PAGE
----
Iceland is flush with green energy. Does it want to be Europe’s battery?

By Francisco "A.J." Camacho | 06/26/2024 06:32 AM EDT

The island nation has the potential to produce enough offshore wind energy to power 1.7 billion Icelandic homes. Fewer than 400,000 people live there.

Iceland's two turbines at Landsvirkjun's Hafið Wind Farm.

Iceland's two turbines at Landsvirkjun's Hafið Wind Farm won't stand alone for long. Landsvirkjun

REYKJAVÍK, Iceland — Iceland boasts a rare luxury for the modern world. It has green energy in spades and access to plenty more. And that untapped bounty has drawn the notice of power-hungry developers at home and abroad.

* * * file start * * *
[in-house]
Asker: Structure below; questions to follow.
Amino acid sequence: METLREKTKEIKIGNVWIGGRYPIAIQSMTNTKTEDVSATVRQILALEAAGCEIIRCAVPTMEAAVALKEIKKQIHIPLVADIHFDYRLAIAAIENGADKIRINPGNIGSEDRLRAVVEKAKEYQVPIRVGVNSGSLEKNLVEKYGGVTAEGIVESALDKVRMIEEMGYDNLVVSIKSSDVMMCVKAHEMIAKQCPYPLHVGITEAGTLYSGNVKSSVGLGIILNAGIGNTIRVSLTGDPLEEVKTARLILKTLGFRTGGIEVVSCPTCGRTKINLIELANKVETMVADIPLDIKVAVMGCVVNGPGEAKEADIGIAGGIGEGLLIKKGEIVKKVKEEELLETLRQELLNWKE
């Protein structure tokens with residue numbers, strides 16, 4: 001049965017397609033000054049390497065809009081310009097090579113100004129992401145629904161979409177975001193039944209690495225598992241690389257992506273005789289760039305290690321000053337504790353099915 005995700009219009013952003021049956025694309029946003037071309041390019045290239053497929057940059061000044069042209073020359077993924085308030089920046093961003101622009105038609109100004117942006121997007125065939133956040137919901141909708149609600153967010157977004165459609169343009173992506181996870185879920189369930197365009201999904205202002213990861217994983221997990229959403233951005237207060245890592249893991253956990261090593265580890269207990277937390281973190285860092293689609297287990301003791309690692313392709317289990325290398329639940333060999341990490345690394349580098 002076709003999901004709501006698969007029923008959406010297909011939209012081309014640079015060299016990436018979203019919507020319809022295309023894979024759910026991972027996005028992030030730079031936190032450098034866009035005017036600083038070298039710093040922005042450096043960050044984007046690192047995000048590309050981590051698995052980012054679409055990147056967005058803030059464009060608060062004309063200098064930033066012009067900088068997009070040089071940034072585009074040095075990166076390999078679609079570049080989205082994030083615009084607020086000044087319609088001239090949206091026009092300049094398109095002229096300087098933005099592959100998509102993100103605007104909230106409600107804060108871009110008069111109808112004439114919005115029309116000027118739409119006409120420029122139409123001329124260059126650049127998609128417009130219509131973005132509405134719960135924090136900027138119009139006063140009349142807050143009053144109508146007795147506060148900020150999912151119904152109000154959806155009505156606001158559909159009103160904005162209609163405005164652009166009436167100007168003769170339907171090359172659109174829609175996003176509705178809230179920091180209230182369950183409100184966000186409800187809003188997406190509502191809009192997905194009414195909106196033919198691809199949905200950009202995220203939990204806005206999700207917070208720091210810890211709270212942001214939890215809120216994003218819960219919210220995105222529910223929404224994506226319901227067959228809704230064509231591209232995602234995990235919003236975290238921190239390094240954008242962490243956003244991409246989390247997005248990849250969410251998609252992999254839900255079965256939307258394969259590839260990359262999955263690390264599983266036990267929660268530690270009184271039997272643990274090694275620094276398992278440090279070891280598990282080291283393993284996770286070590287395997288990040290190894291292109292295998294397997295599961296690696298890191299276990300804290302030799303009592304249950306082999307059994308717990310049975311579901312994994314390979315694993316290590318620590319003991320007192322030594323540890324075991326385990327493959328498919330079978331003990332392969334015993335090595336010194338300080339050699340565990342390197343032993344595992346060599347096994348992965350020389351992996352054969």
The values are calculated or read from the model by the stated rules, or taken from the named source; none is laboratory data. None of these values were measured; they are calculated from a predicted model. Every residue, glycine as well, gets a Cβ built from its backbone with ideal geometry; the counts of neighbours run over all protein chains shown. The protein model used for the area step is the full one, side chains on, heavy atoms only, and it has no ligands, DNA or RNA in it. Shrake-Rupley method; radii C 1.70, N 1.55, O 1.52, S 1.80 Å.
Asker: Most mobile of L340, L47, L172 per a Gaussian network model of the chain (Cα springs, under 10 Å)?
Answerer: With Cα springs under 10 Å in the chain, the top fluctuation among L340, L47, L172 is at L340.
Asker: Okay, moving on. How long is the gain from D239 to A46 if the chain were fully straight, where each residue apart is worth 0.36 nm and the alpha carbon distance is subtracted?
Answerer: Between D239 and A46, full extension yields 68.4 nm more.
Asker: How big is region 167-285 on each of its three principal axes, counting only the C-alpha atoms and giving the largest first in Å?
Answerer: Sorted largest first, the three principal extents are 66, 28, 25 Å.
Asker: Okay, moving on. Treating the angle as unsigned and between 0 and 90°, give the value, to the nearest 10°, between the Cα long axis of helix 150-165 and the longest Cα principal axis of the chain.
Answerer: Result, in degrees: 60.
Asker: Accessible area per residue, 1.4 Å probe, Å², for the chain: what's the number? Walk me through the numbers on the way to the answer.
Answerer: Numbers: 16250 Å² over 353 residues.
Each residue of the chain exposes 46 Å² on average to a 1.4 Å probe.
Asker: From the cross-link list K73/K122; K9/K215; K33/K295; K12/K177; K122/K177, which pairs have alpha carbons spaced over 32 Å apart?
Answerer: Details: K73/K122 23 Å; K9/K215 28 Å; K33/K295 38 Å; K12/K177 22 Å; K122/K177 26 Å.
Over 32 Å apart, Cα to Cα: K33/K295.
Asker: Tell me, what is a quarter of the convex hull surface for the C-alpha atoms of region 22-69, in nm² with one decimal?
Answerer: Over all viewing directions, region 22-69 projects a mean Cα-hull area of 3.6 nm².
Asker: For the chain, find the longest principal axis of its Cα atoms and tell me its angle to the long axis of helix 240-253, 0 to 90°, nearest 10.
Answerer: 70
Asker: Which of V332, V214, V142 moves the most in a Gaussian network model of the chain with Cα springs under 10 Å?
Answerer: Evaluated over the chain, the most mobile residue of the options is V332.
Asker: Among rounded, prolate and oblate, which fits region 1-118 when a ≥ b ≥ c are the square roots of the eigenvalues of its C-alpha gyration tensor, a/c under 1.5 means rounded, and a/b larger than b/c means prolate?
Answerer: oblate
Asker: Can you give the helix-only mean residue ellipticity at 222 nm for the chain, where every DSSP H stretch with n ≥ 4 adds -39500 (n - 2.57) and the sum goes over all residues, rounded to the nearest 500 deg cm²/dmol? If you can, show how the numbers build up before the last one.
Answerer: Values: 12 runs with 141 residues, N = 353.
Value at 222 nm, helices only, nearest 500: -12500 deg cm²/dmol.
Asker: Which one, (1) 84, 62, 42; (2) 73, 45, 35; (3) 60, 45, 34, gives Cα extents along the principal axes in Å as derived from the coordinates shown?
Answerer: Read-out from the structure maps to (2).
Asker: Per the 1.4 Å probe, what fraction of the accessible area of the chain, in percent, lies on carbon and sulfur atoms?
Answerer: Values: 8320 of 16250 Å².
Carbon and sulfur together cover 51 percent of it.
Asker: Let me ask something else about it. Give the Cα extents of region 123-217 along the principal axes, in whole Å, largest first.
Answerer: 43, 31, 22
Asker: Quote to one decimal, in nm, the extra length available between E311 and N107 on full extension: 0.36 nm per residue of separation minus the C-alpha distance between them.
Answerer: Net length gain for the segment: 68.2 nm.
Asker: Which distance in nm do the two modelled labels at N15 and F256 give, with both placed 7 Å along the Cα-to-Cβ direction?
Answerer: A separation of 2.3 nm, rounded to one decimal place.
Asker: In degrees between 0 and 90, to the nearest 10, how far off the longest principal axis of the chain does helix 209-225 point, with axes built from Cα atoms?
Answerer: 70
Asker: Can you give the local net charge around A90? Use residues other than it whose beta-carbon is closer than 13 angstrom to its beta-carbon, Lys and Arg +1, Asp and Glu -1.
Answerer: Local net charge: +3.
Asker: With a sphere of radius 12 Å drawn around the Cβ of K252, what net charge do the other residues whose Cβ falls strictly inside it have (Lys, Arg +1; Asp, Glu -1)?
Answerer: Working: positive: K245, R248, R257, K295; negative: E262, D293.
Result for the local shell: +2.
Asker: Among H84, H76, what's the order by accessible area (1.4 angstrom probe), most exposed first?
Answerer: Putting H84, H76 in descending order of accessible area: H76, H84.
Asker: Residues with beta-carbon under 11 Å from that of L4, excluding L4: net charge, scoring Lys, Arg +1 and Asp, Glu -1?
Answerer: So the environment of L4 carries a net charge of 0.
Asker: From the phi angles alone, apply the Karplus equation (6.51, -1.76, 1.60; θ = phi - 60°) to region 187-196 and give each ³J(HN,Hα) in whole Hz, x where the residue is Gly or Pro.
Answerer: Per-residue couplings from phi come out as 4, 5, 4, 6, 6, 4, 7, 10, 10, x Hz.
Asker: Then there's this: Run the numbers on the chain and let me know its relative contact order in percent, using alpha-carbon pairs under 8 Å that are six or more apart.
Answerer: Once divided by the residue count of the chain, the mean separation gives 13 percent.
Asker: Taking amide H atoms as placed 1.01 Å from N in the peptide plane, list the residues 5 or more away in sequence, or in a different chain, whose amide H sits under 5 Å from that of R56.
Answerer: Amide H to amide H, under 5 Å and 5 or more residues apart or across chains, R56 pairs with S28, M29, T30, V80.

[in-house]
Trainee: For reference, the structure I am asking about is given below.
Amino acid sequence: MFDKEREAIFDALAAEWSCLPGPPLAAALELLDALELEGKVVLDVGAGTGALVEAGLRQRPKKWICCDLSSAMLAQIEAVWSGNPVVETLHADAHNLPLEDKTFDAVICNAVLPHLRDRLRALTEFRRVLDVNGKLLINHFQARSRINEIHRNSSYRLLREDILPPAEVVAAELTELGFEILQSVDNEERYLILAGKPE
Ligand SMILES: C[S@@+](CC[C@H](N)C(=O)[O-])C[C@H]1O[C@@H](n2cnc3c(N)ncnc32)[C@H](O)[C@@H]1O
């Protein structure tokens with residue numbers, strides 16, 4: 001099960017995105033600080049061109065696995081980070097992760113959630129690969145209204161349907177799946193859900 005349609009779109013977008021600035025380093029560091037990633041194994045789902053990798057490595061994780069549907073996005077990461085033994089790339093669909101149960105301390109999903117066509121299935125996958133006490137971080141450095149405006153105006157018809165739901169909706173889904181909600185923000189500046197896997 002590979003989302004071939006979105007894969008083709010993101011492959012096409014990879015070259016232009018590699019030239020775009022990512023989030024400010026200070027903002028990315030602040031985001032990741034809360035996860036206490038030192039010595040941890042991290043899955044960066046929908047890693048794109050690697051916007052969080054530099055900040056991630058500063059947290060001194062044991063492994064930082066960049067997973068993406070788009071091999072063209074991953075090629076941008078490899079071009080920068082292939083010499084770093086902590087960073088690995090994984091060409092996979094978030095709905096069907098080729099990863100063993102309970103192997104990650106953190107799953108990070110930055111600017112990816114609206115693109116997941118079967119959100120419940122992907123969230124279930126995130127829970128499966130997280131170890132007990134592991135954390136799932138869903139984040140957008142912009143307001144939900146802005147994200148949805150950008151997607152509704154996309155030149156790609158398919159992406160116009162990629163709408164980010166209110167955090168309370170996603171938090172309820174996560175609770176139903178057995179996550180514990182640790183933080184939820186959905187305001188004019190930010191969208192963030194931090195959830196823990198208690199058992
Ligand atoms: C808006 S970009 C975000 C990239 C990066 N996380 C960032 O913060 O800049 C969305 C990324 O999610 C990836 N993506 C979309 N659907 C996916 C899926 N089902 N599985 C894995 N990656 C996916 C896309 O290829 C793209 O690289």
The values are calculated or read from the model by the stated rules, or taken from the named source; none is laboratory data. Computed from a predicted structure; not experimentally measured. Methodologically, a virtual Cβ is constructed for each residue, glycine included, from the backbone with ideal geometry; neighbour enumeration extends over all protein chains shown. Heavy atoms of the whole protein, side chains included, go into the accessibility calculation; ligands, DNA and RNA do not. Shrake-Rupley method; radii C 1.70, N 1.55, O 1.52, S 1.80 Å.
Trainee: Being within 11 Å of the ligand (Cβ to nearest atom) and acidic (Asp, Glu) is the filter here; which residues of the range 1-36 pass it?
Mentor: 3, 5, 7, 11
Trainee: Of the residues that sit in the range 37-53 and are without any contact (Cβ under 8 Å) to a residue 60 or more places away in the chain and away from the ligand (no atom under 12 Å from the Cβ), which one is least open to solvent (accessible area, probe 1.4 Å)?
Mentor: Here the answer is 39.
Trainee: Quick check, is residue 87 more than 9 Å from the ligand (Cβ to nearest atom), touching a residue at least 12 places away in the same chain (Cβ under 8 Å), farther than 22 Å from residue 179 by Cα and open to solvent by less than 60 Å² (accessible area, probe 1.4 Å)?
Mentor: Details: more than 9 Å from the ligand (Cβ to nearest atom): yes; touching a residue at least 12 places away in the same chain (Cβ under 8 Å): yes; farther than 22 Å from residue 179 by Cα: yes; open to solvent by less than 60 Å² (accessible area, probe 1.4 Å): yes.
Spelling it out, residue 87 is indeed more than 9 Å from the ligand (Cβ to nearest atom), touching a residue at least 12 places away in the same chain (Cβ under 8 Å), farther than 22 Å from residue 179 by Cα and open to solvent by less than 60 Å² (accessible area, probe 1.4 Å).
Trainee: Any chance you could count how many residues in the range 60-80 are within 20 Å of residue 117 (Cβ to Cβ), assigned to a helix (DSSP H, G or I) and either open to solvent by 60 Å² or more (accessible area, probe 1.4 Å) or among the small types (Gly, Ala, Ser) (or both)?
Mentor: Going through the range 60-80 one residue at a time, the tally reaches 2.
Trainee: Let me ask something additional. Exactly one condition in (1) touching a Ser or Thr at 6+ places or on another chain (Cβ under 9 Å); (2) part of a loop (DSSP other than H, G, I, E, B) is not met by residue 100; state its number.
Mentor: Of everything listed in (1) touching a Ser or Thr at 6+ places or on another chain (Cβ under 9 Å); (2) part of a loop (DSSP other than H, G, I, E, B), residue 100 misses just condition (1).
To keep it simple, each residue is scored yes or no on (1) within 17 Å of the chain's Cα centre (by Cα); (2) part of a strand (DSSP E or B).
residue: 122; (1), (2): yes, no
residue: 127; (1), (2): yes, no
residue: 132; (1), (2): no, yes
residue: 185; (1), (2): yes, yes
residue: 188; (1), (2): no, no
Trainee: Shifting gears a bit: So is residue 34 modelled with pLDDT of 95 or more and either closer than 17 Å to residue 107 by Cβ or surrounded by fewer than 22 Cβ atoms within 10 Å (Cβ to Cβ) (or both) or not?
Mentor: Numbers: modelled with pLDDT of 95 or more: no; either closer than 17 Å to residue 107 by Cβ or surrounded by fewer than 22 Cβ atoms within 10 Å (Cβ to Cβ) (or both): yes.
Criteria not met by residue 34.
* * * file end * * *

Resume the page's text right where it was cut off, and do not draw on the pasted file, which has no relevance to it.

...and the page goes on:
Iceland already generates more electricity per person than any other country — and nearly double that of runner-up Norway — thanks to geothermal energy and hydroelectricity. Power production is expected to increase too as climate change heats the planet and melting glaciers flood Iceland’s hydroelectric system with more water.

Then there’s wind power. The North Atlantic nation sits about 500 miles northwest of the United Kingdom in an area that has enormous potential for wind energy. One report estimated that Iceland could produce about 847 gigawatts of wind power from offshore turbines alone, enough to power 1.7 billion Icelandic homes.


The well of power has attracted the attention of suitors both foreign and domestic. Developers have filed applications for 11 inland wind projects with the Icelandic parliament’s Master Plan, which vets them for “nature protection and energy utilization.” Six of them are wholly or partly owned by foreign firms.